Firstsite anniversary: The fall and rise of gallery and its designs on the future
A LOT can change in the space of a decade.
Colchester’s Firstsite gallery is celebrating its tenth anniversary with a myriad of exhibitions pencilled in over the coming months.
However, taking bookings has not always been as effortless as it is now.
In its early years the gallery was unpopular.
Costing £28million and opening two years late after a series of setbacks, the contemporary art gallery was damned by its critics.
It was labelled elitist and failed to get the footfall it wanted.
In 2015, Colchester Arts Centre director Anthony Roberts was parachuted in as interim director.
He had a far more popularist approach where the community was at the heart of the gallery and, frankly, anything went.
The tide began to turn.
When he returned to his beloved arts centre later that year, he was succeeded by Sally Shaw.
Prior to taking the reins of the gallery, Mrs Shaw worked as Boris Johnson’s visual artist and was involved in public art in London Underground stations.
Her most recent role before moving to Colchester was as head of programme for Modern Art Oxford.
With an established background in modern art, Mrs Shaw believed her experience and skill set could make Firstsite the gallery it could be.
“I was on maternity leave when I heard about Firstsite being in trouble,” she said.
“I am a bit bonkers, so I felt I was able to take it on as I really wanted to make the place work.”
She had a vision for the curved venue’s 180-seat tiered cinema, restaurant, exhibition and education spaces.
Mrs Shaw added: “Galleries are a long and slow project and people often forget that.
“It’s all exciting when they first open but the real test is years three, four and five – as those are the years it gets difficult.
“That’s what was experienced here at Firstsite.
“Great shows were held at first but they were not what the people always wanted to see.”
To attract more visitors, Mrs Shaw and her team needed to discover what type of content Colchester residents wanted.
She said: “I wanted to know people’s interests and it’s quite an iterative process learning what people want to see.
“It’s like a recipe – we have all of the ingredients and it’s an experimental process to create the right outcome.”
In the past five years, Mrs Shaw has tried her hardest to listen to the public, and has made several changes to the gallery to accommodate visitors from all walks of life.
One of her proudest achievements was launching Holiday Fun in 2017, which is a free half-term programme of activities for low-income families in north
Mrs Shaw closed the building’s struggling restaurant and turned it into a canteen during school holidays for youngsters using the scheme.
Since its inception, the gallery has provided almost 8,000 free meals to families.
Mrs Shaw said 47 per cent of those meals were provided last year alone, many through a takeaway scheme.
She estimates more than 1,000 families have benefited from the initiative to date.
“The whole idea was raised to me by Rachel Walton, the director of African Families in the UK,” Mrs Shaw said.
“When I told her we would use our canteen in the school holidays to help families in need, her jaw dropped.
“Since then, we have run the programme every school holiday and adapted it during Covid times.”
The gallery itself has needed to adapt massively over the past year due to the coronavirus pandemic, with staff learning how to run virtual exhibitions and workshops.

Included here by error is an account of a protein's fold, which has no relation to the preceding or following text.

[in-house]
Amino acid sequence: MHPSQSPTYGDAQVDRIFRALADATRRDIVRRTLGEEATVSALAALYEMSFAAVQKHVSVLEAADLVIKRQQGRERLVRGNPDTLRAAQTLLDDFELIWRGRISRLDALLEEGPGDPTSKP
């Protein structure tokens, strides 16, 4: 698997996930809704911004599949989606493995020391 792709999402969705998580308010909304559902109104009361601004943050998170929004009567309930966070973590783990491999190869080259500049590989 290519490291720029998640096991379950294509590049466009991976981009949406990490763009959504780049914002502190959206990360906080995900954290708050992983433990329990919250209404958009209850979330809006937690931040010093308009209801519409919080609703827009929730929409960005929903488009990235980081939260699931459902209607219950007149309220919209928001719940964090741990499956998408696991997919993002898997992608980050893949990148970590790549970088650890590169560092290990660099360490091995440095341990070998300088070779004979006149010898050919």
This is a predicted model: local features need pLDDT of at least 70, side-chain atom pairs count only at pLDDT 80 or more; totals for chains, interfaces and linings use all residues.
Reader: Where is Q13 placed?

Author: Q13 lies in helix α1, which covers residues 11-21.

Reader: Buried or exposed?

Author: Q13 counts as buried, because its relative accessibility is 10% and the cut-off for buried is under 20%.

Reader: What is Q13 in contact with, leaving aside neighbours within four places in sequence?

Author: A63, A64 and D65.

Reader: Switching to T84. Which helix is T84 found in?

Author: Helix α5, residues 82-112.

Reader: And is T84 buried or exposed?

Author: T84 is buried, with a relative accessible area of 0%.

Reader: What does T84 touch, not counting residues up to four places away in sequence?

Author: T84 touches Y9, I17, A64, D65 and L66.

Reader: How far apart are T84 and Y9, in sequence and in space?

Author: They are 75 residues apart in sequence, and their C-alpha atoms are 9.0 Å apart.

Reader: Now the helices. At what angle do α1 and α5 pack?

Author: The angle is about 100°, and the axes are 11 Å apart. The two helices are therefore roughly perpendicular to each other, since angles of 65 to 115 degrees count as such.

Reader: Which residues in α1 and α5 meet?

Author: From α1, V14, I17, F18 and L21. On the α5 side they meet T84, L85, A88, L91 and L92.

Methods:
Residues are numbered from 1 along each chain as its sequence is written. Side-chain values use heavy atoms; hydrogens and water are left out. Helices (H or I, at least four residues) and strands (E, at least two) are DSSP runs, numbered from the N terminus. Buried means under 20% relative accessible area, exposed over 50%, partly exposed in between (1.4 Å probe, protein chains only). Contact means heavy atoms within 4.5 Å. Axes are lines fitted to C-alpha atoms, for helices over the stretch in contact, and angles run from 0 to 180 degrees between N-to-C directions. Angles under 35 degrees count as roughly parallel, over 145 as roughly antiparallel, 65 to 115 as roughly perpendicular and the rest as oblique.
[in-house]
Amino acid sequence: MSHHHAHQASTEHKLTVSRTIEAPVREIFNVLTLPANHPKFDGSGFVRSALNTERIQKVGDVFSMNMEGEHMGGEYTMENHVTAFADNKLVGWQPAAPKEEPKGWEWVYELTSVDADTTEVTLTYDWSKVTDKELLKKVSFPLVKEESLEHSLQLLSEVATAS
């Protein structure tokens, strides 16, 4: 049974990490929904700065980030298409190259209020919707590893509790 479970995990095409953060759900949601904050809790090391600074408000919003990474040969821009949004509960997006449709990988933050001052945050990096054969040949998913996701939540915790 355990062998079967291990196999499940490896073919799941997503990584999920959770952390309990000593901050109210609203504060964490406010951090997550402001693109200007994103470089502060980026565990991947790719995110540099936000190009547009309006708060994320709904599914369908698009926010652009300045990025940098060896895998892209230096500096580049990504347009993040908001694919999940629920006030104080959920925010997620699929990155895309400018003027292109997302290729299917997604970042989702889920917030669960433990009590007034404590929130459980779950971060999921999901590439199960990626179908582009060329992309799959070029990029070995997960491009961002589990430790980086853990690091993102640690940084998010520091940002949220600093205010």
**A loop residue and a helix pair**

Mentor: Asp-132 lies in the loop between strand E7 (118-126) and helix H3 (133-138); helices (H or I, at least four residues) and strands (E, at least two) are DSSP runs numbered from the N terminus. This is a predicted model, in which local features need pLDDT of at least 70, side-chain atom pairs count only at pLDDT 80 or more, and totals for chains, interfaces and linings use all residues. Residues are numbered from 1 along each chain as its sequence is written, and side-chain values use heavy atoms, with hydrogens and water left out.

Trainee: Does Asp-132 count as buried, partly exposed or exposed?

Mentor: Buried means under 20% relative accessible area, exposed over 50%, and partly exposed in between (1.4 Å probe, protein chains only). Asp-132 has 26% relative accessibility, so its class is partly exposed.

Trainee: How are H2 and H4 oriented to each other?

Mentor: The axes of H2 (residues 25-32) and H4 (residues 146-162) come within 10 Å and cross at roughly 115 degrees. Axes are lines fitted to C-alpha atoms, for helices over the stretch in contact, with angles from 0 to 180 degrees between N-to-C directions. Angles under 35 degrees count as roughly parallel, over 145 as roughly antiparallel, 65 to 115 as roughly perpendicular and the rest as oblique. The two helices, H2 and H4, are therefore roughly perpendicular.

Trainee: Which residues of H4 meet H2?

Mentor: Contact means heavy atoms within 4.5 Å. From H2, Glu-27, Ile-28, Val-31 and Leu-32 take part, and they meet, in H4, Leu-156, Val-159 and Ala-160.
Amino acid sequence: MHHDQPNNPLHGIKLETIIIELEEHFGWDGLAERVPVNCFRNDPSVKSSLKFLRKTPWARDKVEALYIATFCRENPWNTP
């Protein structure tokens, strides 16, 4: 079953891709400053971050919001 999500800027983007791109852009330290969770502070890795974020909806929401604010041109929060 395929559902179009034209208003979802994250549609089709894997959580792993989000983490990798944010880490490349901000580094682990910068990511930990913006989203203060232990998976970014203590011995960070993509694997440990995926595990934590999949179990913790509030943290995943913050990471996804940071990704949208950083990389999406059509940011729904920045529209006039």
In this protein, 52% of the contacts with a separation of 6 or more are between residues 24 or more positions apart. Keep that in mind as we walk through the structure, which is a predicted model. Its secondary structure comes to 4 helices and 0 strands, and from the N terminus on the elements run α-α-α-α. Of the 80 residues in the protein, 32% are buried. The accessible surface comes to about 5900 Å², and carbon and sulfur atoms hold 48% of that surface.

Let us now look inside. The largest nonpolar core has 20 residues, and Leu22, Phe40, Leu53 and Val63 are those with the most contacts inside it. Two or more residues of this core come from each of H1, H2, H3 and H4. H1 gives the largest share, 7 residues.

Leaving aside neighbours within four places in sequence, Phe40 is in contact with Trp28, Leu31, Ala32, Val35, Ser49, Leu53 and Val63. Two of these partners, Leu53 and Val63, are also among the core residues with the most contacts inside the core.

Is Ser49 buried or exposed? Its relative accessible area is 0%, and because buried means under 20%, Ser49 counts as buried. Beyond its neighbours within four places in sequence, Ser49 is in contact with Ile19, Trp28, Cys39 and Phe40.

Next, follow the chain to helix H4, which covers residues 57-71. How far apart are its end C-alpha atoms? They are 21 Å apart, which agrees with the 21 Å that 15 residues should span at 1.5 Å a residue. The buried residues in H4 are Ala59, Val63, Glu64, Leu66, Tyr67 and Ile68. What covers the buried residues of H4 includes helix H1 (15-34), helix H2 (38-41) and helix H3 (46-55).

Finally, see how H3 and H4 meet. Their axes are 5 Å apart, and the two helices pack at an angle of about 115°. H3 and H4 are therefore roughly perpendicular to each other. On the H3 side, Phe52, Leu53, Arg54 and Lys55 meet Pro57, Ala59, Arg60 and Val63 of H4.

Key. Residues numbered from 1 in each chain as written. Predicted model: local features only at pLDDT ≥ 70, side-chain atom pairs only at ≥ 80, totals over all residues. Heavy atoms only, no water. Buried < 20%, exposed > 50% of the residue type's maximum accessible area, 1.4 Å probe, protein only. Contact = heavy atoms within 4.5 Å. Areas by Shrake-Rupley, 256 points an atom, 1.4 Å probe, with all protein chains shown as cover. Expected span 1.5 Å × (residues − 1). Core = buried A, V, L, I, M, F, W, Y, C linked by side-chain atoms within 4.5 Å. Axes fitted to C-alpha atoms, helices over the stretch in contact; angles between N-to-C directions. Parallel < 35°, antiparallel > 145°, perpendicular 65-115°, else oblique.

During the height of the pandemic, the gallery ran the Great Big Art Exhibition.
It has been a creative sensation with more than 5,000 contributions sent in during lockdown which can be seen on a digital wall in the gallery.
While the gallery was closed to the public, the team decided to have a “bit of a reshuffle”.
The café was moved back to the back of the gallery, which means visitors now have the option to eat indoors or outdoors.
The building’s curved walls have also been injected with a splash of colour.
Mrs Shaw said: “The building is an extraordinary piece of architecture.
“When I started the walls were white, there was white everywhere.
“We have found colour adds more texture and dimension to the building.”
The impressive building was able to reopen to visitors as lockdown eased last week.
Mrs Shaw said: “Reopening was quite nerve-racking and we had our first ever queue outside the building and a steady flow of visitors.
“People have been craving a change of scenery and want to look at something new.”
Now the gallery has reopened, Mrs Shaw and her energetic team are running a host of exhibitions.
Artist Michael Landy is heading a packed programme with his Welcome to Essex exhibition.
Mrs Shaw said: “Mr Landy’s show is all about Essex and what the county stands for.
“He explores what Essex is known for and how it is changing. It’s fascinating.”
New on display is Art for Life, a poignant show of artworks made during the pandemic by contemporary artists working with NHS workers.
In September, the gallery will be presenting the Bloomberg New Contemporaries exhibition, which will be an opportunity to see the work of emerging artists.
Mrs Shaw has high hopes for the gallery’s future.
She said a person who keeps her feeling motivated is the gallery’s president Sonia Coode-
“She has never given up on the gallery as she has always understood its potential for Colchester and the benefit it would have on the town,” she said.
To find out more about Firstsite or its upcoming events and exhibitions, visit firstsite.uk.
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